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What Type of Veteran Claimant Are You?

A Message from The Disability Advocate

There are two distinct types of veteran claimants: those who undermine their own claims through poor habits and those who enhance their chances of success through proactive behavior. On the one hand, we have procrastinators who delay submitting required documentation and minimalists who provide vague or outdated information, both leading to significant delays and potential denials.


Inconsistent engagers fail to seek continuous medical treatment, while non-attendees miss mandatory VA exams, showing a lack of seriousness about their claims. Poor communicators fail to update their contact information or keep their advocate informed, and disorganized filers submit claims piecemeal, creating a disjointed process. Claim abandoners let their claims lapse without following through, and reluctant applicants hesitate to apply for benefits despite their entitlement. Advocate hoppers frequently switch representatives, disrupting the continuity of their claims, while impatient claimants expect quick results and become frustrated with the necessary thorough process.


These veterans seem to believe that submitting required documentation whenever they feel like it is perfectly acceptable. The VA, however, will not wait around for late submissions. Missing deadlines and delaying paperwork are ways to get your claim denied or significantly delayed. To combat this behavior, emphasize the importance of timeliness and the consequences of procrastination. Regular reminders and follow-ups can help keep these veterans on track. If you want your claim processed before the next century, submit your documents on time.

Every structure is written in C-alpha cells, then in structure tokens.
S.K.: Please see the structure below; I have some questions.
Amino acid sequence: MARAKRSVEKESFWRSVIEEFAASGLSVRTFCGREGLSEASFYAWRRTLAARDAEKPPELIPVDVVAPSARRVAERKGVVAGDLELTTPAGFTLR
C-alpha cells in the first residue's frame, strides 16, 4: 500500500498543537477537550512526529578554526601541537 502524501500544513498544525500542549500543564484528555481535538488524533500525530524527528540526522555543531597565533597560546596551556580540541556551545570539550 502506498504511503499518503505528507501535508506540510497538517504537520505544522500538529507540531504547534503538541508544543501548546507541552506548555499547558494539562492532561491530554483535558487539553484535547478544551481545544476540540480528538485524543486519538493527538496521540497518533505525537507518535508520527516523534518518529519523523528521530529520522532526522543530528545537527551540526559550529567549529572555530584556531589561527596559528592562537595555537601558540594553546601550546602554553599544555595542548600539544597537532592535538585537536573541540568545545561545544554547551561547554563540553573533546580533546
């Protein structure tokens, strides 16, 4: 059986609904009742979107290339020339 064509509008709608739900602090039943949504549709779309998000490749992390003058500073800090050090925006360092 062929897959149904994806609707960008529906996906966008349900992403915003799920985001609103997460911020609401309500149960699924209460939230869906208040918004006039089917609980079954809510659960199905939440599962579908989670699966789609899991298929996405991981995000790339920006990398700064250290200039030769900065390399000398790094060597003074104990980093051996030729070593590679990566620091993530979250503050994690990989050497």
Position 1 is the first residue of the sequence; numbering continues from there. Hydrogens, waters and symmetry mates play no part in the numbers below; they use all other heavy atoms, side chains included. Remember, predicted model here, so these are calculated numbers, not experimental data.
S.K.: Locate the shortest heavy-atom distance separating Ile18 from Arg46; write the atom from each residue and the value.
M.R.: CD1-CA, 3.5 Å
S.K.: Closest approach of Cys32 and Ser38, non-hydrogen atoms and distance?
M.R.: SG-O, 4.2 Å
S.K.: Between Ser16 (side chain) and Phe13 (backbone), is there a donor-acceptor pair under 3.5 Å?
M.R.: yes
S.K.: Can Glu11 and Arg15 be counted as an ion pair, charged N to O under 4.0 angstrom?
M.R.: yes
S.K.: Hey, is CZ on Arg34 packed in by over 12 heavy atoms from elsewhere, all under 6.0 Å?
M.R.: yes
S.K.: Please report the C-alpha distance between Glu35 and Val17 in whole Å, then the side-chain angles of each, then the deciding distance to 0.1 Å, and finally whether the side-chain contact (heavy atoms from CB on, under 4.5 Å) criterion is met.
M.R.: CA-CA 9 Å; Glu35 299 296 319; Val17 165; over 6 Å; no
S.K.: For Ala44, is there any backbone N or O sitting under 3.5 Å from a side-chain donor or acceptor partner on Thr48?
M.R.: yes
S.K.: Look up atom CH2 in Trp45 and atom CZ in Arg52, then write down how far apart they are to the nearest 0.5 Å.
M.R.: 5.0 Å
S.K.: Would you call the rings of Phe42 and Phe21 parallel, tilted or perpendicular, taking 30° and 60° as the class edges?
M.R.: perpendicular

Some veterans think providing vague or outdated information is enough to approve their claims. They seem to operate under the assumption that minimal effort will suffice. However, the VA requires detailed and current information to make informed decisions. Stress the need for thorough and updated documentation. Explain how providing complete and accurate information can significantly impact the success of their claim. If you think the VA can read minds, think again.

Inconsistent Engagers

These veterans do not seek continuous medical treatment or fail to keep up with regular doctor visits, believing that sporadic care is adequate. Highlight the importance of ongoing medical care in building a strong case. Regular medical appointments and detailed records are essential to demonstrate the seriousness and persistence of a condition. Encourage veterans to maintain a consistent treatment schedule. The VA can’t connect the dots if no dots exist.


Missing scheduled VA exams is a common behavior among some veterans who assume these exams are not crucial. In reality, these exams are mandatory, and missing them shows a lack of seriousness regarding the claim. Clearly communicate that attending these exams is non-negotiable and crucial for the claim’s success. Explain how missed appointments can lead to automatic denials. If you love rejection, keep skipping those exams.


Poor Communicators